Taliban parades large convoy in Sangin

The Taliban paraded a large convoy of fighters into the district center of Sangin in Helmand province just one month after Resolute Support denied Afghan forces were defeated there. The Taliban force operated openly in the daylight without fear of being targeted by US or Afghan airstrikes.

The Taliban video, simply entitled “Sangin,” was released on Voice of Jihad on May 6. An English-speaking Taliban member narrated the video. When shown, his face is blotted out. According to the Taliban, the video “contains information about the strategic district of Sangin, its conquest by the Mujahideen of Islamic Emirate, barbarity by the foreign forces and the hirelings [Afghan security forces] and the reopening of the bazaar on the first day of the new blessed campaign ‘Operation Mansouri.’ ”

The video showed scores of vehicles, including several US-made Humvees, laden with Taliban fighters entering Sangin’s district center. The Taliban fighters were greeted by hundreds if not thousands of Afghans, while Taliban flags waved throughout the town. A large banner announcing Operation Mansouri, the group’s newly announced spring offensive, is hanging at the entrance to the town.

According to the Taliban, key buildings in the town, including a hospital, were destroyed during US airstrikes on March 22. The Taliban claimed it rebuilt and reopened the bazaar for the commencement of Operation Mansouri, which was announced on April 28.

The Taliban seized Sangin’s district center on March 22 after surrounding it for several months, and hailed its capture as an important victory. US and Afghan warplanes bombed Sangin’s district center after airlifting the remaining forces during the dead of night.

Resolute Support, NATO’s mission in Afghanistan, denied that the Taliban overran Sangin, and instead claimed it relocated the district center several kilometers from the original site. In a statement that clumsily attempted to salvage the loss of Sangin’s district center, Resolute Support said that “the only thing they left to the Taliban is rubble and dirt.”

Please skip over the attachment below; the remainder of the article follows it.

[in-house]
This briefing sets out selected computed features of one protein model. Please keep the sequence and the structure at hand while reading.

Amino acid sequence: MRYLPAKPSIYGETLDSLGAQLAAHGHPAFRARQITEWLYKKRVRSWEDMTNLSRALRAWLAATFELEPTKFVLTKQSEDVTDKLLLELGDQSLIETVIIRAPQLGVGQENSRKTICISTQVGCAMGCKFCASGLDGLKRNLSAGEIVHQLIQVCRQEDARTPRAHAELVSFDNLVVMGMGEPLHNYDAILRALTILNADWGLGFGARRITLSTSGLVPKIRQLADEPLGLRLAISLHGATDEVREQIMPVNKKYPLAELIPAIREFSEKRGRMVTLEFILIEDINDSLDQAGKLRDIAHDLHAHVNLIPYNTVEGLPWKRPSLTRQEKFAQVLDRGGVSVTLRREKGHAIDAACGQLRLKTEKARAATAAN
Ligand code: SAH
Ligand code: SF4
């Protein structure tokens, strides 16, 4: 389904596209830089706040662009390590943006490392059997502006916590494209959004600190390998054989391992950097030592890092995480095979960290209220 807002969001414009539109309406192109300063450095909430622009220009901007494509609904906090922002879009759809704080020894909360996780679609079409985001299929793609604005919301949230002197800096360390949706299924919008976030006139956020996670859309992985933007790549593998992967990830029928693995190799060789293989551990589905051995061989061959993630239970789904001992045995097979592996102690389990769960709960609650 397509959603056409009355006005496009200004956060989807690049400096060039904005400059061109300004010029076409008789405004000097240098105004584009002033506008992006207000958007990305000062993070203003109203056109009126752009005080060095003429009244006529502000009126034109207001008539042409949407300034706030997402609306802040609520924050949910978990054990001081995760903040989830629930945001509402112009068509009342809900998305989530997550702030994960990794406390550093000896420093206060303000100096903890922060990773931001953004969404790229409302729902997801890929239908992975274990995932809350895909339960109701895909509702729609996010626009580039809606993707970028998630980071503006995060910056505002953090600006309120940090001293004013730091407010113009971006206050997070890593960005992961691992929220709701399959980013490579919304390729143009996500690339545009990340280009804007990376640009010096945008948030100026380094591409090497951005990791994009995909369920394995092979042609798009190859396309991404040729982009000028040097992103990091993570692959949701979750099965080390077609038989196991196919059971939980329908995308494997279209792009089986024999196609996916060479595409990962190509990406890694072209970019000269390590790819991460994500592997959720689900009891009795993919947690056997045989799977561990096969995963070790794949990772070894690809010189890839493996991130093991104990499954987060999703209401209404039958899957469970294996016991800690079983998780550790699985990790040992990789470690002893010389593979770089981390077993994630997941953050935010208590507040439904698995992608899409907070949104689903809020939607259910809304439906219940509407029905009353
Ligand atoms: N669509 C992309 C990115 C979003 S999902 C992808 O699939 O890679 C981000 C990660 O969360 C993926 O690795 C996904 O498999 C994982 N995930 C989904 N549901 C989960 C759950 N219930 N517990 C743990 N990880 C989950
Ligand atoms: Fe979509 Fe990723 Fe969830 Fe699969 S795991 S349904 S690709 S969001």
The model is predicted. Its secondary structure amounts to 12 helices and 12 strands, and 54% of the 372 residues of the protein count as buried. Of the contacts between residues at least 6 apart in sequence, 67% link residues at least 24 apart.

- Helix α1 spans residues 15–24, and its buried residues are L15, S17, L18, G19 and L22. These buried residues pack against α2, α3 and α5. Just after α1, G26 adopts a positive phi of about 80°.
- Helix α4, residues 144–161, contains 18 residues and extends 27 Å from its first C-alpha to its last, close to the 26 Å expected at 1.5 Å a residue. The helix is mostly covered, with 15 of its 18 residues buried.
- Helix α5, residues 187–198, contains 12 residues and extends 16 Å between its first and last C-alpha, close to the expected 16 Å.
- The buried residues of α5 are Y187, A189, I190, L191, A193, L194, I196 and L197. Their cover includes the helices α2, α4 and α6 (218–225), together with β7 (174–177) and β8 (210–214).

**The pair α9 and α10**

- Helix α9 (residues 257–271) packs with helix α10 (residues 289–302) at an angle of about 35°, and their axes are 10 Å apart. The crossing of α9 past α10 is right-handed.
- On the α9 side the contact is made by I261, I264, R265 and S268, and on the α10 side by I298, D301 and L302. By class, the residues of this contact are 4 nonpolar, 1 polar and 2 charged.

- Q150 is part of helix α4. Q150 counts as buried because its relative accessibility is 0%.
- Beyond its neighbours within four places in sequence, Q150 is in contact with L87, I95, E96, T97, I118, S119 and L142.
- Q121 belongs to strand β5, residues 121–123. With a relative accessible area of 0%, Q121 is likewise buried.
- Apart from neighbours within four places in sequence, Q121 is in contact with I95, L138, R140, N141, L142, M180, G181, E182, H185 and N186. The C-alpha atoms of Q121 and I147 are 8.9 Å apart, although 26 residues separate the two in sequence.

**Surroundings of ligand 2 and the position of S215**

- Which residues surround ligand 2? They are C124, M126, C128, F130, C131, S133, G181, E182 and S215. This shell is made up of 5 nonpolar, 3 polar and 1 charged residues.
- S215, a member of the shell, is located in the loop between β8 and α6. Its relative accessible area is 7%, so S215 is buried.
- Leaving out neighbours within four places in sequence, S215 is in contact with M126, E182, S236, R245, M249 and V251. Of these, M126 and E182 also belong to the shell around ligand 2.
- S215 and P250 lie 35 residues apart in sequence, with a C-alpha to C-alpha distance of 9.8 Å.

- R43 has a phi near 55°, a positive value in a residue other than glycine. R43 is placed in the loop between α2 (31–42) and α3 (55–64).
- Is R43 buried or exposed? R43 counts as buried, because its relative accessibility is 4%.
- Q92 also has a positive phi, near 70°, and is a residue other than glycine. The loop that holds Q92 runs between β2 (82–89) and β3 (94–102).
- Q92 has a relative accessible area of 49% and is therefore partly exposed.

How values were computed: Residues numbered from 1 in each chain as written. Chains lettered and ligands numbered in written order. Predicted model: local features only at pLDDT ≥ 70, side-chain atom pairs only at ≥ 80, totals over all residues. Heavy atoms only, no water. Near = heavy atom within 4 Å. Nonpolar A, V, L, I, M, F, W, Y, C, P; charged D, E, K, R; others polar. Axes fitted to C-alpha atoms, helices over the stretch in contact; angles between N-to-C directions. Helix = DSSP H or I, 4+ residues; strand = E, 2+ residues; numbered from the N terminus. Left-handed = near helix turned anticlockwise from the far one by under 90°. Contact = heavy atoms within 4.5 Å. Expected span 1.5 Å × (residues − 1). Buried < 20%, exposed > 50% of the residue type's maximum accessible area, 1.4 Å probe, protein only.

The Taliban video told a different story. While some buildings appeared heavily damaged, and the Taliban attempted to use this damage as propaganda to portray the “barbarity” of US and Afghan forces, much of Sangin remained intact.

Additionally, the Taliban video showed that more than a month after Afghan forces lost Sangin, and despite the relocation of the “new” district center just kilometers away, the Taliban can still flaunt a large force with little fear of reprisal.

For more information the Taliban takeover of Sangin, see the following reports from FDD’s Long War Journal: Taliban takes key district in Helmand province, Resolute Support spins loss of Sangin district center as a victory, and Capturing Sangin an ‘important victory,’ Taliban says

Images from the Taliban video “Sangin”

Bill Roggio is a Senior Fellow at the Foundation for Defense of Democracies and the Editor of FDD's Long War Journal.

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  • Afghan says:

    Why are these convoys not bombed? It was quite predictable that they would come out in large numbers to celebrate.

  • jack says:

    where are the drones when we need them? or a good old b-52

  • TRM says:

    Good time for an air strike.

  • Baz says:

    That English speaking militant in this video is probably the same guy who interrogated Bowe Bergdahl in another video where Bowe was sitting cross legged with a meal in front if him. If you listen to his voice in both videos, it’s the same Australian-esque accent coming through from the Talib, it’s clearly the same guy.

  • Alex says:

    AC-130 time?

  • Doug says:

    While it was a target rich environment, the risk of collateral damage was probably too high. Civilian non-combatants are compelled to view these parades in large numbers. We are gone and they now need to survive on the Talibs. While the temptation to strike is understandable, it’s would have guaranteed that today’s non-combatants would become tomorrow’s combatants.

    As you all know, that’s the core dilemma of asymmetric warfare.

  • John_g says:

    This is why we lost.


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